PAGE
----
Mya then underwent a battery of tests. And after several days, Dr. Saumil Patel, a cardiologist, gave them mostly good news, but no clear answer as to what happened the day she collapsed.
"He told us, 'I'll be honest with you. She had a syncopal (fainting) episode and that's all we know.'
"He said, 'Look, my job is to find the things that are gonna kill you and we didn't find anything. The rest we live with.' "
Because Mya's sister, Bria, had a stroke a year ago (from which she has recovered), they did a battery of tests on the brain as well.
"They said it's all good, that everything is OK," Slade-Byrd said.
"There's been a lot of a player. I mean a lot of prayer."
Mya remembers waking up just as an ambulance arrived.
"I remember I was crying because I was in pain," she said. But asked if she was scared, she said she didn't think so.
"I don't remember feeling any emotion," she said. "I was glad I was there. There were people there to help me right away. Bobby was there to take care of me.
"If I had been anywhere else, I don't know if I would have gotten the same kind of treatment."

ODU athletic trainers Rachelle Bowman and Bobby Broddus with Mya Byrd.  

All of ODU's athletic trainers are thoroughly schooled in first aid. That was apparent last basketball season when Monarch point guard Imo Essien collapsed during a game at Georgia Southern.
Jason Mitchell, ODU's associate head athletic trainer, was on the court seconds after he collapsed and quickly helped him recover.
Broddus had been through many hours of training on what to do with someone who suffered a cardiac arrest. He'd gone through the scenarios, over and over again, in his head of what to do if a player collapsed.

So when it happened, his training just kicked in.
"If there is a hero in what happened here, it is Bobby Broddus," said Bruce Stewart, ODU's deputy athletic director and chief operating officer, who administers both Monarch tennis teams.
"As an athletic trainer, you never know when you're going to face something like this. And he did everything right."
He did not see Mya collapse, but heard a commotion and saw Manilla roll her onto her side.
"That was the right thing to do," Broddus said. 
Broddus hooked her up to an automated external defibrillator (AED), which told him that her heart was beating and that her heart did not need to be restarted with an electric shock. But then he had a decision to make. Should he start chest compressions?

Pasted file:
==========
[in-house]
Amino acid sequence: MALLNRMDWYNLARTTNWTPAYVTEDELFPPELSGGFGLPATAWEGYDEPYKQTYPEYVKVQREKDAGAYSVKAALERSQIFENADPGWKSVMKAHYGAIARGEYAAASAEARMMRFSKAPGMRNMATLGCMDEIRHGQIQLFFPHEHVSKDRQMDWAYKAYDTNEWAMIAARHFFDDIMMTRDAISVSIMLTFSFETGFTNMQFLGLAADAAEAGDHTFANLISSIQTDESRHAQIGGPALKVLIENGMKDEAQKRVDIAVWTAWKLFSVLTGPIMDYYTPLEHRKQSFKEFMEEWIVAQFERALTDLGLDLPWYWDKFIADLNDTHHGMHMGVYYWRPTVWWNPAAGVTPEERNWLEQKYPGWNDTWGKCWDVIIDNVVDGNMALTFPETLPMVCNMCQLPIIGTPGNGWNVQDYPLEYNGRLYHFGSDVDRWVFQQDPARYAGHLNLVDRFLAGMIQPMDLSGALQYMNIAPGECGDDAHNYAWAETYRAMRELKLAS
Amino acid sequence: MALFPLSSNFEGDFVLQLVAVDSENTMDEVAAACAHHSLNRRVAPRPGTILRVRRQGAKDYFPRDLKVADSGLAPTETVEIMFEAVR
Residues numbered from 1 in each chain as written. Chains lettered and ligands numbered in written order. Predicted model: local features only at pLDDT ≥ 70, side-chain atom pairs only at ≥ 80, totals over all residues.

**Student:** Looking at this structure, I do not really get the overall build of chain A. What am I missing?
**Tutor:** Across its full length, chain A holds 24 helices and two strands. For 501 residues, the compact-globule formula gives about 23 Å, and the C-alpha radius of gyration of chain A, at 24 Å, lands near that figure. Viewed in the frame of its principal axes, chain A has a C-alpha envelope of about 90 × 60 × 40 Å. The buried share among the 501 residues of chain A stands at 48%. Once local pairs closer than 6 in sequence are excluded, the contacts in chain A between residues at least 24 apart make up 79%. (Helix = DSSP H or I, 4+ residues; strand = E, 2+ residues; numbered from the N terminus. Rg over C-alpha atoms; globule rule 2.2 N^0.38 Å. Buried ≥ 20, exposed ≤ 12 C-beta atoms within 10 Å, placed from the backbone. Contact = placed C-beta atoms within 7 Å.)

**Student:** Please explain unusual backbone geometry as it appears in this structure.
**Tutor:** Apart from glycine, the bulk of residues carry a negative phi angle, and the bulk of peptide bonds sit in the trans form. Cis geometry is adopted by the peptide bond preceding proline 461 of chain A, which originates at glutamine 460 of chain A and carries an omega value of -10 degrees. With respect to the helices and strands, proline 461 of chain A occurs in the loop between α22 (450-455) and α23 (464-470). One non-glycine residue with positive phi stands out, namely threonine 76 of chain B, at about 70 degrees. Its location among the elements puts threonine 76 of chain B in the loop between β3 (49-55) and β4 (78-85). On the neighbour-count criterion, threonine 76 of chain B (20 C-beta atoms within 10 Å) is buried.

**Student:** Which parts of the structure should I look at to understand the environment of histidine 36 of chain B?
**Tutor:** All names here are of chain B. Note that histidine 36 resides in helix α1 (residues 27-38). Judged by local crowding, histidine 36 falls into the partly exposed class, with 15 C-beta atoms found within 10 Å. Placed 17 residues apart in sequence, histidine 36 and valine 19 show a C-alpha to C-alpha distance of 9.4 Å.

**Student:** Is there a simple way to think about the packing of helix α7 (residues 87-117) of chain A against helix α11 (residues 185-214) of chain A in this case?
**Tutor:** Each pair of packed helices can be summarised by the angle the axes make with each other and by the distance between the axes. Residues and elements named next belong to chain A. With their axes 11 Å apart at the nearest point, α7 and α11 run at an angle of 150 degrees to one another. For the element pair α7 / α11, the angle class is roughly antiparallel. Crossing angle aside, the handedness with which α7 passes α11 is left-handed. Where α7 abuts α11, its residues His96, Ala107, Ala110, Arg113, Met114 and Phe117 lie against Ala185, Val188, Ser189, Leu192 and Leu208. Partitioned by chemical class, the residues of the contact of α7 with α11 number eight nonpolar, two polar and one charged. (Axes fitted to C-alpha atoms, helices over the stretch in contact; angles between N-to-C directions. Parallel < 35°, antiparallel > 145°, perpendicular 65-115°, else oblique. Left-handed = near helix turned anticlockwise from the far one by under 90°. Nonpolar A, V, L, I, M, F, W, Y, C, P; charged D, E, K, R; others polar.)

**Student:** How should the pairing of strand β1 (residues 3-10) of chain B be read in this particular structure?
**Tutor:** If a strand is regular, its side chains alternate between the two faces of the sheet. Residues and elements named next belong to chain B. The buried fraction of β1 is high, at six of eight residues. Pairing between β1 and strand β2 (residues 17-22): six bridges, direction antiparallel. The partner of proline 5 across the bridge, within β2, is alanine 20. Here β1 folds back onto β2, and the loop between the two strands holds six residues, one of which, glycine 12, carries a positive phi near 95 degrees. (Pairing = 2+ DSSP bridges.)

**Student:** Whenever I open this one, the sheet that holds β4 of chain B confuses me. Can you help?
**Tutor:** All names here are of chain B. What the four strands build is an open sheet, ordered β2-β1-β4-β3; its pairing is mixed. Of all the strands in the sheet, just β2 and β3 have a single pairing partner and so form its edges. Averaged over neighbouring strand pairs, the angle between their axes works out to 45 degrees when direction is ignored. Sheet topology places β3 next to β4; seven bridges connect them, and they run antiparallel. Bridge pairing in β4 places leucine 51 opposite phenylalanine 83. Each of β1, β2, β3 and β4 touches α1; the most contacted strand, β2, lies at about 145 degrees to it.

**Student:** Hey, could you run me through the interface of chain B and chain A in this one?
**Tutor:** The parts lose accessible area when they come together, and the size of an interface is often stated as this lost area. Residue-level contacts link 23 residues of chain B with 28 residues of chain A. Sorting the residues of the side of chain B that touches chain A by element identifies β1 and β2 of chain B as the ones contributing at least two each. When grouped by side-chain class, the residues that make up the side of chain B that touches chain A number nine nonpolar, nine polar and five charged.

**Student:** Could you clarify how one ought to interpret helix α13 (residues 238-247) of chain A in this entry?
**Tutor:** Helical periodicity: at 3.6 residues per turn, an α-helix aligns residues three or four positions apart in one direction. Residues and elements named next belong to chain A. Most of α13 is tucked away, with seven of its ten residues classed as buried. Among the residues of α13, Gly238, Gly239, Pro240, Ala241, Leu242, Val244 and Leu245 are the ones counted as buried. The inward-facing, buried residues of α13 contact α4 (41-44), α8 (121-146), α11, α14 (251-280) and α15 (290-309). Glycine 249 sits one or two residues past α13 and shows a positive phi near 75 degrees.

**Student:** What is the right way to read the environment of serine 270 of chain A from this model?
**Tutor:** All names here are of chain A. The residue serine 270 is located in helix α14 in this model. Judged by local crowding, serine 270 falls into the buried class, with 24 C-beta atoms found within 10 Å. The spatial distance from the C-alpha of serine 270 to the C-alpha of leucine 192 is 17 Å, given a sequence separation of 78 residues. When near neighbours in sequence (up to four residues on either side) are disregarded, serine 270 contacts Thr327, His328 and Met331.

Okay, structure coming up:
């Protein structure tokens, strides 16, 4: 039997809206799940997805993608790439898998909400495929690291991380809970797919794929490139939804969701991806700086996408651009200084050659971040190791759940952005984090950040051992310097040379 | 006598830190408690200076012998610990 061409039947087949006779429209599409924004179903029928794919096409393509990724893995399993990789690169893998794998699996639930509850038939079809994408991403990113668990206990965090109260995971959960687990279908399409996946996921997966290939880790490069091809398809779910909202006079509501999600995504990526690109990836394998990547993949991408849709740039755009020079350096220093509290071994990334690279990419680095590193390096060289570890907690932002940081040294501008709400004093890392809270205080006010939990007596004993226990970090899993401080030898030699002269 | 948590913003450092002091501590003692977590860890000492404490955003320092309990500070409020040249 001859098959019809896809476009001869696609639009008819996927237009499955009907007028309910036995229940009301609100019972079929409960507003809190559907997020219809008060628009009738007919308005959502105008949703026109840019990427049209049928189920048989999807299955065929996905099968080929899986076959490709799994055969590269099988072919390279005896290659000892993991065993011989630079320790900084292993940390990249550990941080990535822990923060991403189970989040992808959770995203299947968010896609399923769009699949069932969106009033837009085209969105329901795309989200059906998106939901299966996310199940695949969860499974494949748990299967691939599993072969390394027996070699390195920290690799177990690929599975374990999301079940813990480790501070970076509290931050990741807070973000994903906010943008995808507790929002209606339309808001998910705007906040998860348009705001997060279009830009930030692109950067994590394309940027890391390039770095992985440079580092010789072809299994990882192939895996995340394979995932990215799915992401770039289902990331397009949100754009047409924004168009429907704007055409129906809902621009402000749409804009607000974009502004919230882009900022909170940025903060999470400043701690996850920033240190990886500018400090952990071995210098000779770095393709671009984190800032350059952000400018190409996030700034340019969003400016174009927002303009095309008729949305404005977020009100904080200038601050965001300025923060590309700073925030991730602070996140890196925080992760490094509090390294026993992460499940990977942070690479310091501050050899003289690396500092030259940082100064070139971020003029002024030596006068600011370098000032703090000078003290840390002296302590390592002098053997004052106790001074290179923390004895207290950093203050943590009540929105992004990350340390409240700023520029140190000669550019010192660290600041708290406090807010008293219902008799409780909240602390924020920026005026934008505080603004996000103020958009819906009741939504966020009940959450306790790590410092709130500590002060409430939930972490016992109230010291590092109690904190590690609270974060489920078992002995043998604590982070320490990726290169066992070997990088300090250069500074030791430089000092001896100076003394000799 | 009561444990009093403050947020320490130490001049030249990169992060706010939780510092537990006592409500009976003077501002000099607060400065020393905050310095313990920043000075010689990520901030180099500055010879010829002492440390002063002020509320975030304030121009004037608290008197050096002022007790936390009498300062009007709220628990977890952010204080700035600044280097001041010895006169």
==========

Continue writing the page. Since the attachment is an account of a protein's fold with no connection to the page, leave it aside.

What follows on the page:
"I couldn't sit there because the AED said her heart rhythm was okay and just wait and hope. She was unresponsive, completely unresponsive," he said.
"It wasn't that her heart was not beating. But I could feel it was weak, weaker than it should be. And as I sat there with her and waited, it was getting slightly weaker."
So, he began chest compressions.
"Once I started chest compressions, she became responsive, and then she became conscious. So that's when I stopped and kept feeling for her pulse, and it was a bit stronger. And the AED analyzed her again, and again said no shock was needed.
"And then I just kind of kept talking with her and making sure that she was conscious and responsive."
And then the ambulance showed up.
Broddus said her teammates then stepped up. Several opened the front doors so and directed the rescue squad to Mya. They gathered her things to take them to the hospital.
The match with JMU set for the next day was canceled.
Broddus said it didn't really hit him what had happened until sometime over the weekend, when the enormity of it all landed on him like a ton of bricks. He was worried for Mya. "She's an athlete, and she's in such great shape, that I kept thinking and worrying that this can't be good, that something is terribly wrong.
"I worried about her future. Would she be able to play tennis again? It was a very difficult weekend."

ODU senior Tatsiana Sasnouskaya has developed a close friendship with Mya Byrd.
Mya was allowed visitors on Saturday and was inundated with guests.
"I went to see her with my teammates," Tanya said. 
Mya's biggest complaint was being bored.
"You don't appreciate how much you like being outdoors until you're in a hospital for several days," Mya said. "My teammates were awesome. There was always someone there."
Tanya said she appreciates life, and the chance to compete, more than she did before the incident.
"You never know what's going to happen to you," she said. "It was great to know that everyone on our team, everyone at ODU, they had Mya's back. I'm so grateful that we all have each other."
Slade-Byrd said it wasn't just Mya's teammates who had her back. As she was driving to Norfolk, unsure of whether her daughter would live or die, she prayed.
"Of course, there's always fear in that kind of a situation, but I'm a person of faith, a strong person of faith," she said.
"And so, I just prayed. And I just asked God to protect her. So of course, I'm anxious and fearful, but I'm also just hopeful. Our oldest middle daughter had a stroke. And I always asked when she was going through her evaluations, I said, 'Lord, if there's anything wrong, please reveal it.'
"And so through those tests, whatever the answer was going to be, good or bad, things were going to be okay. I knew things would be okay with Mya."
Mya credits the power of prayer. But she is also very grateful to Broddus.
"He may have saved my life," she said.
"I can't thank him enough, or my teammates or coaches enough, for being there for me, for caring about me."